The XCLIENT command targets the following problems:
Access control tests. SMTP server access rules are difficult to verify when decisions can be triggered only by remote clients. In order to facilitate access rule testing, an authorized SMTP client test program needs the ability to override the SMTP server's idea of the SMTP client hostname, network address, and other client information, for the entire duration of an SMTP session.
Client software that downloads mail from an up-stream mail server and injects it into a local MTA via SMTP. In order to take advantage of the local MTA's SMTP server access rules, the client software needs the ability to override the SMTP server's idea of the remote client name, client address and other information. Such information can typically be extracted from the up-stream mail server's Received: message header.
Post-filter access control and logging. With Internet->filter->MTA style content filter applications, the filter can be simplified if it can delegate decisions concerning mail relay and other access control to the MTA. This is especially useful when the filter acts as a transparent proxy for SMTP commands. This requires that the filter can override the MTA's idea of the SMTP client hostname, network address, and other information.
Examples of client-server conversations are given at the end of this document.
In SMTP server EHLO replies, the keyword associated with this extension is XCLIENT. It is followed by the names of the attributes that the XCLIENT implementation supports.
The XCLIENT command may be sent at any time except in the middle of a mail delivery transaction (i.e. between MAIL and DOT). The XCLIENT command may be pipelined when the server supports ESMTP command pipelining.
The syntax of XCLIENT requests is described below. Upper case and quoted strings specify terminals, lowercase strings specify meta terminals, and SP is whitespace. Although command and attribute names are shown in upper case, they are in fact case insensitive.
xclient-command = XCLIENT 1*( SP attribute-name"="attribute-value )
attribute-name = ( NAME | ADDR | PROTO | HELO )
The NAME attribute specifies an SMTP client hostname (not an SMTP client address), [UNAVAILABLE] when client hostname lookup failed due to a permanent error, or [TEMPUNAVAIL] when the lookup error condition was transient.
The ADDR attribute specifies an SMTP client numerical IPv4 network address, an IPv6 address prefixed with IPV6:, or [UNAVAILABLE] when the address information is unavailable. Address information is not enclosed with .
The PROTO attribute specifies either SMTP or ESMTP.
The HELO attribute specifies an SMTP HELO parameter value, or the value [UNAVAILABLE] when the information is unavailable.
Note 1: syntactically valid NAME and HELO attributes can be up to 255 characters long. The client must not send XCLIENT commands that exceed the 512 character limit for SMTP commands. To avoid exceeding the limit the client should send the information in multiple XCLIENT commands.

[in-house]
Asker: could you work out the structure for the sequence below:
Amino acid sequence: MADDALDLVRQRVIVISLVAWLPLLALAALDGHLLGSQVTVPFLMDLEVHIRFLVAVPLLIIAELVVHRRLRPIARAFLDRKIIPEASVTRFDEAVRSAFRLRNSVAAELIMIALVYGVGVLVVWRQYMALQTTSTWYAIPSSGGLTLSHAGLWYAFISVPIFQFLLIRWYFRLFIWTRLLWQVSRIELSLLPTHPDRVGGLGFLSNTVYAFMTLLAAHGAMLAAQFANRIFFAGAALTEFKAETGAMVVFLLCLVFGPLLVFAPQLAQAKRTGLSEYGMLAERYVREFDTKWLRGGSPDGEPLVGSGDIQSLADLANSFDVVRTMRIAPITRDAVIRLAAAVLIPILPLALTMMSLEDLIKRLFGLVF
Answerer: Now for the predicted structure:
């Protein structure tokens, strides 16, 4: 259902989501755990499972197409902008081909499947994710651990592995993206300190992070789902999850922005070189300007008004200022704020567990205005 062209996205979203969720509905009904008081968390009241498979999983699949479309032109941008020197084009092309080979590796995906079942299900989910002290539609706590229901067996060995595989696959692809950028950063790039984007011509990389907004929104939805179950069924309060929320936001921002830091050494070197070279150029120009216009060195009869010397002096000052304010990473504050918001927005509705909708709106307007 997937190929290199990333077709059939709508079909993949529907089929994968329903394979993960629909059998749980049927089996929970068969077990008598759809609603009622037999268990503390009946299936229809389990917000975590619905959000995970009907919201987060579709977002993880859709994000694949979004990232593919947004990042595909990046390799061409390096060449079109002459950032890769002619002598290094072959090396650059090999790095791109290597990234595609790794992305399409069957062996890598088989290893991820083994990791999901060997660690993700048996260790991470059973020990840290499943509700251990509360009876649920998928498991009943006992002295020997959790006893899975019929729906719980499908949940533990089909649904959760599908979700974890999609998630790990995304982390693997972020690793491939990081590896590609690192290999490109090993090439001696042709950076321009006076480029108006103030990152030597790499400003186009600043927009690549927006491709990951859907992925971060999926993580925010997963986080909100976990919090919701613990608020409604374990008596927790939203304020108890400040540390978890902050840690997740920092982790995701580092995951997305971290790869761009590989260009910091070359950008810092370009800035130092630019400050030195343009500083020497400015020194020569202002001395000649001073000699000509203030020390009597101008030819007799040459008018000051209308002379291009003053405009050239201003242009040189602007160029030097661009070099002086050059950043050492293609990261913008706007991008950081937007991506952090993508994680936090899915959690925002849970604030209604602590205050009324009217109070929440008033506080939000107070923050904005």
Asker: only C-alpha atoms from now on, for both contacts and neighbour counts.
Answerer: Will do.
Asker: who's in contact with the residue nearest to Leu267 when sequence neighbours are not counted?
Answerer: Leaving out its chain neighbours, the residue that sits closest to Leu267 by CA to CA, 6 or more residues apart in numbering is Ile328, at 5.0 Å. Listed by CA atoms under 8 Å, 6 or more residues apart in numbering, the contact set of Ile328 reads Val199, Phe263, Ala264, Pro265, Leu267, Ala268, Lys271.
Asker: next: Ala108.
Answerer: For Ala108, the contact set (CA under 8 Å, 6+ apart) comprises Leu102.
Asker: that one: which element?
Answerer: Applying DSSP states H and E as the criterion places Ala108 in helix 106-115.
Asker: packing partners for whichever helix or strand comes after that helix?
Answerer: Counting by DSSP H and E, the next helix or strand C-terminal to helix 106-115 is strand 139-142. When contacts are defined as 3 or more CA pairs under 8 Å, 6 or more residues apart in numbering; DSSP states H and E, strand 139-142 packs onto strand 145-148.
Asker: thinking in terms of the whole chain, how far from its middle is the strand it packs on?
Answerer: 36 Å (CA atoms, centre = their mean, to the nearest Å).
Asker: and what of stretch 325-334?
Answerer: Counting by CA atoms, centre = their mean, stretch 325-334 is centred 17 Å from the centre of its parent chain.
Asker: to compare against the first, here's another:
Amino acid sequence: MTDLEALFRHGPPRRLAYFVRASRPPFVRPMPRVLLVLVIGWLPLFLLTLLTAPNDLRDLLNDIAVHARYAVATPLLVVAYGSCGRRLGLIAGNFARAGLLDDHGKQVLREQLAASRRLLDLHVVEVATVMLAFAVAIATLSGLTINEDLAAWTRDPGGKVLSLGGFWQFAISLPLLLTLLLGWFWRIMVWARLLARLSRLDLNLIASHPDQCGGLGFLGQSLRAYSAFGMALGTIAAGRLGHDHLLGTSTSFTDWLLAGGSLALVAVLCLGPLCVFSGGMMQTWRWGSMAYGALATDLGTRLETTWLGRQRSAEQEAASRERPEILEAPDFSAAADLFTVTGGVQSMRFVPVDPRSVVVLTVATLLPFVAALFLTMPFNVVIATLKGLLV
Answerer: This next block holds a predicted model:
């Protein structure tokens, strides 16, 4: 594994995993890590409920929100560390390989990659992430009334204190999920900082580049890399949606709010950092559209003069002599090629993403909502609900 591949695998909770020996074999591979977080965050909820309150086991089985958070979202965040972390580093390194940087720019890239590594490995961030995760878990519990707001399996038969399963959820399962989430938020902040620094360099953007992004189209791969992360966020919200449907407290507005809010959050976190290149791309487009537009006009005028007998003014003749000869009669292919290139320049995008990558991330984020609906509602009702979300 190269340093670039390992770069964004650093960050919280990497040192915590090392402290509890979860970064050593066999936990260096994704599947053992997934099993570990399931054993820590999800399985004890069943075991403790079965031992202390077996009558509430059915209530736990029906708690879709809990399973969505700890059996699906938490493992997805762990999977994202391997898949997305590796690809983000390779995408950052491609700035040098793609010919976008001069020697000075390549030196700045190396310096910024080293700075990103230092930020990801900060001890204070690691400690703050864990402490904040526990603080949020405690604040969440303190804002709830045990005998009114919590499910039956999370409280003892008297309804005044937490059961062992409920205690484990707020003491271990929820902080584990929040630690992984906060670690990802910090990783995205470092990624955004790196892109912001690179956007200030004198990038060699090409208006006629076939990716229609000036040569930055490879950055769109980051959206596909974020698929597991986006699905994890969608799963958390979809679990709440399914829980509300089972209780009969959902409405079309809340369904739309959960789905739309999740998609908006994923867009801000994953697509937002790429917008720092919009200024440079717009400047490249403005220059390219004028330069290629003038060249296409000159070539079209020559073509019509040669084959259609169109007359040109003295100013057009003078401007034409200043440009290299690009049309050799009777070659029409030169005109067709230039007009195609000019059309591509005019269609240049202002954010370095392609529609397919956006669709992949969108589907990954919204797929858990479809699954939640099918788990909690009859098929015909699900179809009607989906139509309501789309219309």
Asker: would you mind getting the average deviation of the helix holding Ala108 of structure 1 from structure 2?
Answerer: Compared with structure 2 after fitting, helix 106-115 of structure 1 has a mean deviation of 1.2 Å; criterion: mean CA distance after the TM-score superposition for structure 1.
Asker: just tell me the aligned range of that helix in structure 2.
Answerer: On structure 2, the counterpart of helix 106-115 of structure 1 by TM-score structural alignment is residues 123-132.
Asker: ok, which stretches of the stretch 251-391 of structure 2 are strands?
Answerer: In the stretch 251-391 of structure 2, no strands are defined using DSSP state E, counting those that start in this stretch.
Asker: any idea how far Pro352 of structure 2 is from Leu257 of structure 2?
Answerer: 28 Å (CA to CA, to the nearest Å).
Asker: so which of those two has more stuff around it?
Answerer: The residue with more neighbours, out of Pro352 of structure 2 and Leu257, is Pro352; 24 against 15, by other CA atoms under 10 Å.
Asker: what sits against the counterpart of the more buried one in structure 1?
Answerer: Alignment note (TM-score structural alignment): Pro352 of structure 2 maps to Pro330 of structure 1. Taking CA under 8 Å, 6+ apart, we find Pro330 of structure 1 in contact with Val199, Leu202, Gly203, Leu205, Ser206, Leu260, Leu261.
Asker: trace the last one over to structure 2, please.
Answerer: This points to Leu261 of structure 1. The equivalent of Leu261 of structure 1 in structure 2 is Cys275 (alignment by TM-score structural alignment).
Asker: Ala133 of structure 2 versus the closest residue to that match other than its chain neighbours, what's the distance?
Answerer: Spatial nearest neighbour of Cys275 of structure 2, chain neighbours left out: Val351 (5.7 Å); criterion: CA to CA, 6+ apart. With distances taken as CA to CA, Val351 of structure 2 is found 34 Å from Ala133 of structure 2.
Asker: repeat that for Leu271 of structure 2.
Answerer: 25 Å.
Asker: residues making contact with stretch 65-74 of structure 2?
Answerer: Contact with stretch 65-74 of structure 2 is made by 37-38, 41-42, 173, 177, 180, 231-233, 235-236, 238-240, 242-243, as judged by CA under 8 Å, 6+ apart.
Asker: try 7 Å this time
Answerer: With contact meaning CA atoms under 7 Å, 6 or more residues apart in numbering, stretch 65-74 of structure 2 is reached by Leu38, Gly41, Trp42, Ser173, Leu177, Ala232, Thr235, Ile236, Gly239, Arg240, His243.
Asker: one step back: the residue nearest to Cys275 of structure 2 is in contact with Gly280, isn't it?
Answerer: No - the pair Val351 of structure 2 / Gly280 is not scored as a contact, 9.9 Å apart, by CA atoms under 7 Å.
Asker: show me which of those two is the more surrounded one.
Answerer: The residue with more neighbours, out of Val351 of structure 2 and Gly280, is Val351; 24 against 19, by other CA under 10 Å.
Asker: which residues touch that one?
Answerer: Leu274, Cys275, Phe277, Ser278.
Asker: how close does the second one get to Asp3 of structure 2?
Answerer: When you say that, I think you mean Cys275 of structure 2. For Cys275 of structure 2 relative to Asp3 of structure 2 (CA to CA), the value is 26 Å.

Note 2: [UNAVAILABLE], [TEMPUNAVAIL] and IPV6: may be specified in upper case, lower case or mixed case.
The XCLIENT server reply codes are as follows:
Code Meaning 250 success 501 bad command parameter syntax 503 mail transaction in progress 421 unable to proceed, disconnecting
In the first example, the client impersonates a mail originating system by passing all SMTP session information via XCLIENT commands. Information sent by the client is shown in bold font.
220 server.example.com ESMTP Postfix EHLO client.example.com 250-server.example.com 250-PIPELINING 250-SIZE 10240000 250-VRFY 250-ETRN 250-XCLIENT NAME ADDR PROTO HELO 250 8BITMIME XCLIENT NAME=spike.porcupine.org ADDR=126.96.36.199 PROTO=ESMTP 250 Ok XCLIENT HELO=spike.porcupine.org 250 Ok MAIL FROM:<firstname.lastname@example.org> 250 Ok RCPT TO:<email@example.com> 250 Ok DATA 354 End data with <CR><LF>.<CR><LF> . . .message content. . . . 250 Ok: queued as 763402AAE6 QUIT 221 Bye
In the second example, the client impersonates a mail originating system by sending the XCLIENT command before the EHLO or HELO command. This increases the realism of impersonation, but requires that the client knows ahead of time what XCLIENT options the server supports.
220 server.example.com ESMTP Postfix XCLIENT NAME=spike.porcupine.org ADDR=188.8.131.52 250 Ok HELO spike.porcupine.org 250 server.example.com MAIL FROM:<firstname.lastname@example.org> 250 Ok RCPT TO:<email@example.com> 250 Ok DATA 354 End data with <CR><LF>.<CR><LF> . . .message content. . . . 250 Ok: queued as CF1E52AAE7 QUIT 221 Bye
The XCLIENT command changes audit trails and/or SMTP client access permissions. Use of this command must be restricted to authorized SMTP clients. However, the XCLIENT command should not override its own access control mechanism.
XCLIENT attributes persist until the end of an SMTP session. If one session is used to deliver mail on behalf of different SMTP clients, the XCLIENT attributes need to be reset as appropriate before each MAIL FROM command.